Here is a summary of the information I have on my Coombs (or Combs, or Coombes or Combes) ancestors from Worcester, and, more specifically, the mystery of my 3G Grandmother Elizabeth.

HOT NEWS 2015: The mystery described below is no longer a mystery ... all mysteries have been solved! Elizabeth, her brother George and other siblings were born and baptised in Weedon Bec, where their father was working as a bricklayer building the fort referred to below. Now ... read on to see what the mystery was ...

Elizabeth COOMBS married Richard HOWES in 1829 in Chelsea. They had 9 children in Fulham, where Richard worked as a Milkman. After living most of their lives in Fulham, Elizabeth and her Richard moved to Scarborough, where they both died.

In the 1851 Census Elizabeth’s place of birth is given as Fulham, and it would seem that the same assumption has been made in 1841, where she is marked as being born in her county of residence (ie. Middlesex). In 1861, however, she is recorded as coming from Worcester, and in the 1871 census, when she is widowed and living in Scarborough, she also says she is from Worcester. I have taken it that she – or at least her family – are from Worcester, but I guess that whoever reported the family’s details to the earlier census-takers thought of her as having been in Fulham all her life.

In the 1871 Census she is a widowed head of household, but, conveniently, her brother George is staying with her in Scarborough. They are both listed as having been born in Worcester.

Elizabeth’s ages in the censuses are:

·        1841: 34  (The census taker in this district seems to have disregarded the instruction to round ages up or down, and has consistently put actual ages)

·        1851: 43

·        1861: 51

·        1871: 64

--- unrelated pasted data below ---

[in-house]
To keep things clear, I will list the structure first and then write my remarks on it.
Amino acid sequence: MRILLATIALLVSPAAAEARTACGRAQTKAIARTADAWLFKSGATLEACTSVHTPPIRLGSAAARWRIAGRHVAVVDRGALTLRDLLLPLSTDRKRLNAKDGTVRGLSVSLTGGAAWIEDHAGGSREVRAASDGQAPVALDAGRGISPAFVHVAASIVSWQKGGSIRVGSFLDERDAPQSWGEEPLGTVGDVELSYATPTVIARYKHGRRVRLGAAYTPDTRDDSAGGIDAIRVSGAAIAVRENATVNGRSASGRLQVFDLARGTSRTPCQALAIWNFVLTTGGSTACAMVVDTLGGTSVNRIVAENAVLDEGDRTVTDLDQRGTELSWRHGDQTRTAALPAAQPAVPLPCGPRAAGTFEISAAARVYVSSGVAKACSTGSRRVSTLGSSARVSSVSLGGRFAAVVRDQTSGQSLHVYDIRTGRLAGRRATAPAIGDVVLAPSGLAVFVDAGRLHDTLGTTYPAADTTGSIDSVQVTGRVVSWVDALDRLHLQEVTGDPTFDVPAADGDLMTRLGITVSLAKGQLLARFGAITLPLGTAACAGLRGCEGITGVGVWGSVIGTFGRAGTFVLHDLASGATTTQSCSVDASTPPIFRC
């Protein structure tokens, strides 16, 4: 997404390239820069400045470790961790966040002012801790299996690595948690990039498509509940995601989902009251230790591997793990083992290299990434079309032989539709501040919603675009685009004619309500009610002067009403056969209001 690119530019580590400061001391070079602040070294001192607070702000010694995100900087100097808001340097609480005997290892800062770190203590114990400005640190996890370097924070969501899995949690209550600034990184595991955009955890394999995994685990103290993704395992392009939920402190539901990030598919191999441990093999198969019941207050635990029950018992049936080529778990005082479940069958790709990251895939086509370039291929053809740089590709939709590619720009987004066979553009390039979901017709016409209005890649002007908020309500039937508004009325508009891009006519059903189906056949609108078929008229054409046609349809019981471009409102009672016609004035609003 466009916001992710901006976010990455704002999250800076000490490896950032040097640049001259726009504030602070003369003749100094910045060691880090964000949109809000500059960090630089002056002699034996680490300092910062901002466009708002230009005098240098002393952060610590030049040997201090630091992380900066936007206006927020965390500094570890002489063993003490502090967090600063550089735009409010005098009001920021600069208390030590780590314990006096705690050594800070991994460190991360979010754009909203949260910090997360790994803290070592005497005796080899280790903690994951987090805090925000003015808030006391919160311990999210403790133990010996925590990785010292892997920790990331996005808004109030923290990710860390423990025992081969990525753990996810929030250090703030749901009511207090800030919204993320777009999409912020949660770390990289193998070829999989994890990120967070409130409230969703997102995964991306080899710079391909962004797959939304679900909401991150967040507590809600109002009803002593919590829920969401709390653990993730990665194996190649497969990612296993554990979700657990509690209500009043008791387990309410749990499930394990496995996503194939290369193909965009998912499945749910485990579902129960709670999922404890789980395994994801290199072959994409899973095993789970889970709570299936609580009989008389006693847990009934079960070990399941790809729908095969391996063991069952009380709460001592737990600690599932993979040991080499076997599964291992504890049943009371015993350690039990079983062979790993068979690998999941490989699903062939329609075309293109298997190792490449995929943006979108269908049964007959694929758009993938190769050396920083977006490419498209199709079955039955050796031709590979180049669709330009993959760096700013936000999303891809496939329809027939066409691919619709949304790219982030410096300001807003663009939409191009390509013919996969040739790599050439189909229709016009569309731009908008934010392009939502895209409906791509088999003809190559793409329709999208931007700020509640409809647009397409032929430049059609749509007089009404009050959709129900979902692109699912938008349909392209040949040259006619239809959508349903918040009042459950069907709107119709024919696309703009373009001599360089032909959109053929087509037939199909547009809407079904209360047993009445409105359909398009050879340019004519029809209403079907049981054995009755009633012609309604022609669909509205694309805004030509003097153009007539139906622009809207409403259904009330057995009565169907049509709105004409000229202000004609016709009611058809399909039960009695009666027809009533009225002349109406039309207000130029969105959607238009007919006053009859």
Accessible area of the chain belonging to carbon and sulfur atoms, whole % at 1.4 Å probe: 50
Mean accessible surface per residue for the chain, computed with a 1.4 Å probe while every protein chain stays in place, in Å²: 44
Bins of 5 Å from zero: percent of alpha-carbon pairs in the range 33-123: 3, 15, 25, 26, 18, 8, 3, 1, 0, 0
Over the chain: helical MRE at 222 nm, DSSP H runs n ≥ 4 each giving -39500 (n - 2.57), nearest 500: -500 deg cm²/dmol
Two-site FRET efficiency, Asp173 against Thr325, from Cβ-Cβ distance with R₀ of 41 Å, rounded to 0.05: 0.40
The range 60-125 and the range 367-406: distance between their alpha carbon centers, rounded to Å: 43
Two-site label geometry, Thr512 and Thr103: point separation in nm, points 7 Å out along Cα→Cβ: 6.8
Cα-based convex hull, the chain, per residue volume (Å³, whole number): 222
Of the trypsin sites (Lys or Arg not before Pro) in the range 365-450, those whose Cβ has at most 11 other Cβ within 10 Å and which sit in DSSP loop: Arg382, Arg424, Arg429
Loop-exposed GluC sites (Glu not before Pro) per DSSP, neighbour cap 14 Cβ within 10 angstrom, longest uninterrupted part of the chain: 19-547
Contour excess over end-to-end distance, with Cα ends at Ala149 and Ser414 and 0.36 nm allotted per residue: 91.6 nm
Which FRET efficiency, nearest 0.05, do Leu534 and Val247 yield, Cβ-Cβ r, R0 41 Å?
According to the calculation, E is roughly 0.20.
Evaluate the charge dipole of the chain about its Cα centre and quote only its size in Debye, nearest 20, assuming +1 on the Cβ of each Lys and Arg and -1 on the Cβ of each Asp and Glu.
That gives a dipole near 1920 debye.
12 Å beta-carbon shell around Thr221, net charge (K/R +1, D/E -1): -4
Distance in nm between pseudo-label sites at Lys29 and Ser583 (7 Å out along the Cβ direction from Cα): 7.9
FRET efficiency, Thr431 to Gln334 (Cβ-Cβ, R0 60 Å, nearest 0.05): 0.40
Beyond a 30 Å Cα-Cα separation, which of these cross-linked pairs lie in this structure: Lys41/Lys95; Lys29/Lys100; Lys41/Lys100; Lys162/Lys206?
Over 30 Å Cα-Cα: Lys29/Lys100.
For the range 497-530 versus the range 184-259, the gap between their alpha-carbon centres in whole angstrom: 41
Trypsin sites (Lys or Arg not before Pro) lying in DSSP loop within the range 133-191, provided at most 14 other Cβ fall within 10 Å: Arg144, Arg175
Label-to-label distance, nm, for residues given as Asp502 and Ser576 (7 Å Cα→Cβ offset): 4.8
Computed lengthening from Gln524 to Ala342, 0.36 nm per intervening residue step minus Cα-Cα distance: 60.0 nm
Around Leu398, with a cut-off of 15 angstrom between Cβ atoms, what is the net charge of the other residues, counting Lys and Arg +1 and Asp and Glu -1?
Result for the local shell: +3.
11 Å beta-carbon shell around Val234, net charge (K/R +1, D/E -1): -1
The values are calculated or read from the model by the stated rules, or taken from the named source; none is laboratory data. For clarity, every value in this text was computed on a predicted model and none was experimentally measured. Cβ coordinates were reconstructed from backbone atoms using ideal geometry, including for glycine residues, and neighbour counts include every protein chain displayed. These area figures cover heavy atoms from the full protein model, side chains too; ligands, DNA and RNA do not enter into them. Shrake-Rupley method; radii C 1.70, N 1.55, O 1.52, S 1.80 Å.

She died in March 1873 and her death certificate gives her age as 67.

The consensus of all these sources would seem to suggest that she was born around 1807

In 1871, George is listed as also born in Worcester and aged 62. His profession is given  as ‘Greenwich Pensioner’ which suggests that he had a Naval connection of some kind.

In the 1881 census someone who appears to be the same George is living in Silver Street, Worcester, now aged 71. Being in Worcester, his place of birth is now given more specifically as St. Nicholas Worcester. His profession is listed as Pensioner (Greenwich).

Searching the 1851 census of Worcester, I believe I have found the same gentleman again – but this is where things begin to get a little more conjectural.

In 1851 there is a member of staff at Worcester Gaol listed as George COOMBS, aged 40. His place of birth is listed as Weedon, Northants, and his job is given as “in the marines” – which seems a slightly odd job for a member of staff of Worcester Gaol!

He is listed as married, but there are no family members listed at the Gaol.

On looking for a ‘spare’ family of Coombes’ who may be missing a head of household, I found a Lettice COOMBS, born in Pembroke Dock, and her two children John Henry and Emily Jessie born in Pembroke Dock and Pembroke respectively.

I am aware, from further investigations that the Royal Military Depot was located at Weedon Bec in Northants, and part of the site was a military prison at one time, so it may be that this was where he was based if he was a marine. And Pembroke Dock, of course, was host to a naval dockyard.

I checked potential marriages between a George COOMBS and a ‘Lettice’ and found that George married Lettice LEWIS in Pembroke in Oct 1840. The writing on the certificate is a little unclear in places, so I cannot say with certainty whether George is described as a ‘mariner’ or ‘marines’, but his Father – who is, of course, who I am really interested in – is given as Joseph COOMBS, bricklayer.